After the sinking of the Belgrano and the Sheffield, the peace initiatives were dead. British troops landed on South Georgia Island and overwhelmed the Argentinean army. Ten days later it was all over (Dellheim 230) Mrs. Thatcher told the reporters gathered in front of Number 10 Downing street: “Rejoice, just rejoice!” The struggle to protect British rights has been won. She was now for the first time the hero (Young 284) .
This all shows the results of Margaret Thatcher ideas that majority of the time ended well. She got more money for the government, stopped the constant striking and even won a war. She was a very intelligent and remarkable woman. BOOKS
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War in the Falklands On February 1982, there was supposed to be a meeting where the British government would hold a meeting with the Argentinean government to talk about preventing the war. This was a two-day event in New York, the first day the Argentineans were to host the meeting, but there was a glitch in planning, and the Margaret Thatcher milk snatcher Margaret Hilda Thatcher's overwhelming sense of self-confidence and ambition ruled her life from the time she was a small child in Grantham, though her Oxford years and during her early years in politics. It led her to become the first female Prime Minister of Great Britain, and also helped through her difficult political years as Argentina Argentina is a South American country with a population of thirty one million people. Argentina's capital is Buenos Aires, which is one of the largest cities in South America. Buenos Aires is situated on the coast of Argentina, which makes Buenos Aires a major trade route in Argentina and in South America. Argentina's national language Thatcher And Blair Sample essay topic, essay writing: Thatcher And Blair - 1340 words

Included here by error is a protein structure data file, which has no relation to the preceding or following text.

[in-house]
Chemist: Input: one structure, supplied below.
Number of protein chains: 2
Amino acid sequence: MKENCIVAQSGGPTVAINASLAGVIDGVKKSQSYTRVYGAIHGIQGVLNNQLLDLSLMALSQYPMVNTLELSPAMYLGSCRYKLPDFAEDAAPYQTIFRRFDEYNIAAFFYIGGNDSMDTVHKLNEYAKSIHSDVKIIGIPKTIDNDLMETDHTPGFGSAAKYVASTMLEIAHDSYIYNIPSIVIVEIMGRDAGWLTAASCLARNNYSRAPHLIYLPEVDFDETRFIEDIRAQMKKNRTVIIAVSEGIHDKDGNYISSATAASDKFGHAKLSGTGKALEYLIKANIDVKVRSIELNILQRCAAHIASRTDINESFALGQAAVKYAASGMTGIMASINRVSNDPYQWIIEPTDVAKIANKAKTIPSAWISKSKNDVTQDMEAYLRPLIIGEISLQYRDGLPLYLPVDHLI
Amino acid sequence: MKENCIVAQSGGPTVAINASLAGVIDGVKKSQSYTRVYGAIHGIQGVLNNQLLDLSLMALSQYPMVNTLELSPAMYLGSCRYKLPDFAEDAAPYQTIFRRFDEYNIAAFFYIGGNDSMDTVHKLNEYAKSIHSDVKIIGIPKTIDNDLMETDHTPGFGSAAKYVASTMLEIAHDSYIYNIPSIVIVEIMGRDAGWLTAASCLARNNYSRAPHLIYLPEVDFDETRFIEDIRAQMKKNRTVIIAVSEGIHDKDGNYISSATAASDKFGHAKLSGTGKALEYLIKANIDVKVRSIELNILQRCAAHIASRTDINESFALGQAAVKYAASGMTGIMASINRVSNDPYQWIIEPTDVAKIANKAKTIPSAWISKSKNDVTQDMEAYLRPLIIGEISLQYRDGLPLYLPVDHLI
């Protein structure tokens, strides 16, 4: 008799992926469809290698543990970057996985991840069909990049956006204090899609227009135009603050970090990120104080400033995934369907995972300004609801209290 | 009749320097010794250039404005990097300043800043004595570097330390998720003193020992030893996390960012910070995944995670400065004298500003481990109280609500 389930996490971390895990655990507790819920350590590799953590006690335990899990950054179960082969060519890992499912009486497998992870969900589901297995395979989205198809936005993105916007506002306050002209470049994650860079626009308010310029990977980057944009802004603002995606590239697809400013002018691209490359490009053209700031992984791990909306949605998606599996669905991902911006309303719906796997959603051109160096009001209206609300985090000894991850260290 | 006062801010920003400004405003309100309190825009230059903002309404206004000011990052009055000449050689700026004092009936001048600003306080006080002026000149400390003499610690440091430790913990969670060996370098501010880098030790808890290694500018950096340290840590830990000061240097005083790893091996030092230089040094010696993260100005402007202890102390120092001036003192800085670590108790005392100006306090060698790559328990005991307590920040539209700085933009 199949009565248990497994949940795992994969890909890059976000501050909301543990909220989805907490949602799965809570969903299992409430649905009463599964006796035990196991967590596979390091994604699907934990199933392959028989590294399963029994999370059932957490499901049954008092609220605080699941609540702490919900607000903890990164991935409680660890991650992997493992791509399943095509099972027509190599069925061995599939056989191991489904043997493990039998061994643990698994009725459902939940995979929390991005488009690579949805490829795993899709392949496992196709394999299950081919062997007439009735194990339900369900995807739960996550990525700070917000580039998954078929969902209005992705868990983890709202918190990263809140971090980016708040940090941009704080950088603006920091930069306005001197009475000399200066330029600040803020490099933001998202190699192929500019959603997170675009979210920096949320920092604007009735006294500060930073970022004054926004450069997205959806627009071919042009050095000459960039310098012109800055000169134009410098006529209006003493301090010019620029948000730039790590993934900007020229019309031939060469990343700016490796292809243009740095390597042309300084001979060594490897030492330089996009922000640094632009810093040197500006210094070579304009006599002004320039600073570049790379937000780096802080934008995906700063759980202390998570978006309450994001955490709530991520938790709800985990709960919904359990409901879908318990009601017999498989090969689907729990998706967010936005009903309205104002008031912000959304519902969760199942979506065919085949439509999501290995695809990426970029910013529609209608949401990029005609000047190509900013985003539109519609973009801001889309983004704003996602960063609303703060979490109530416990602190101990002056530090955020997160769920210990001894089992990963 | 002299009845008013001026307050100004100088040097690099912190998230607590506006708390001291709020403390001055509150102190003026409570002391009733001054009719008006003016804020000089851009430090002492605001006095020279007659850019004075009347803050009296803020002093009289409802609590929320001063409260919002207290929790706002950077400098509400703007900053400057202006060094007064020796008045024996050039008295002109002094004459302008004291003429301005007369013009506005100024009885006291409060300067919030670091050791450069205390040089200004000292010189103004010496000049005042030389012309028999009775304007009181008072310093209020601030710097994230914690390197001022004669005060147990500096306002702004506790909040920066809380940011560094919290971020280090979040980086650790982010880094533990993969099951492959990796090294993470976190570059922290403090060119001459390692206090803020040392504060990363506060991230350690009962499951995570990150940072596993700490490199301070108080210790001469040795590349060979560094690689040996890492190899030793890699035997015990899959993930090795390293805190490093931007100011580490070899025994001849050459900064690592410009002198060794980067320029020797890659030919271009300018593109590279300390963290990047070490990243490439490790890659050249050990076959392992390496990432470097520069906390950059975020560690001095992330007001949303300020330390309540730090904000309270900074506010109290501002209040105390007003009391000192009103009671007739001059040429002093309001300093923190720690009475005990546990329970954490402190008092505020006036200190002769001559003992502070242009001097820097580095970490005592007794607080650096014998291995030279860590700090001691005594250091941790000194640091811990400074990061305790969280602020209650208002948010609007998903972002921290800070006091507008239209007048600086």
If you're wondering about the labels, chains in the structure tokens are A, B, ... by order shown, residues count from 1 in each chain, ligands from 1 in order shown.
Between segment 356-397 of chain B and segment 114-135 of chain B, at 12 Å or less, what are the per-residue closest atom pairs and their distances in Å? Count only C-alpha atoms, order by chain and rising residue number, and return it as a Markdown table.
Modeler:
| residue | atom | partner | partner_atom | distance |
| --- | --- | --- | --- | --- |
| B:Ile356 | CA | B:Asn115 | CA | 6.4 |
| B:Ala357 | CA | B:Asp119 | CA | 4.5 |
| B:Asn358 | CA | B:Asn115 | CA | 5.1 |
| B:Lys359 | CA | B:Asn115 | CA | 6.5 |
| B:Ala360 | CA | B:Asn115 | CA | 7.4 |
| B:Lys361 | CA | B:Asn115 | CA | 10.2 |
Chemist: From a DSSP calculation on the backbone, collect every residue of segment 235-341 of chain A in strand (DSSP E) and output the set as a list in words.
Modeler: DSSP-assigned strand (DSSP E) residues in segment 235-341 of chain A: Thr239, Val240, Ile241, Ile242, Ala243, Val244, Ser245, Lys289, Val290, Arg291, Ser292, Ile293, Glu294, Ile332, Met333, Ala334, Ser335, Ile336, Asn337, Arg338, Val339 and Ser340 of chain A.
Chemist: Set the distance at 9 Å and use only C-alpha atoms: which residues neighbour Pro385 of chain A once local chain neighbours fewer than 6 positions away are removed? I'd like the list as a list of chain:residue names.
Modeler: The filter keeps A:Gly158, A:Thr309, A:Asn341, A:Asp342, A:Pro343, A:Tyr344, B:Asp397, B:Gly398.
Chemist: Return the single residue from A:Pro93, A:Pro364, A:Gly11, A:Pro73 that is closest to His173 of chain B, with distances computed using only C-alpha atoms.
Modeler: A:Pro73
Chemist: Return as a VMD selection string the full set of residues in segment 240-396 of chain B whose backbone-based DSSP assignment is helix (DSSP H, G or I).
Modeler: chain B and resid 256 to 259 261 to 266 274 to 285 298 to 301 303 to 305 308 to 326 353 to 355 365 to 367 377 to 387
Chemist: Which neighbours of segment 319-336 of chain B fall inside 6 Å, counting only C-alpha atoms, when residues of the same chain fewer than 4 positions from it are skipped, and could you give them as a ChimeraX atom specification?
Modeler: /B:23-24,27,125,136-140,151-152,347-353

Introduction With the campaign 'New Labour Because Britain Deserves Better', it appeared that the new look of the Labour Party was so promising that most Britons have poured their votes for the Labour Party, and Tony Blair and his family moved to stay at the Ruth Benedict & Margaret Mead Ruth Benedict & Margaret Mead After high school, Ruth Benedict took a year off to travel overseas. Upon returning home she was unsure of what she wanted to do with her life. Years later, she married Stanley Benedict, a Biochemistry Professor at Cornell Medical School. In the fall of 1919, Ruth went back to school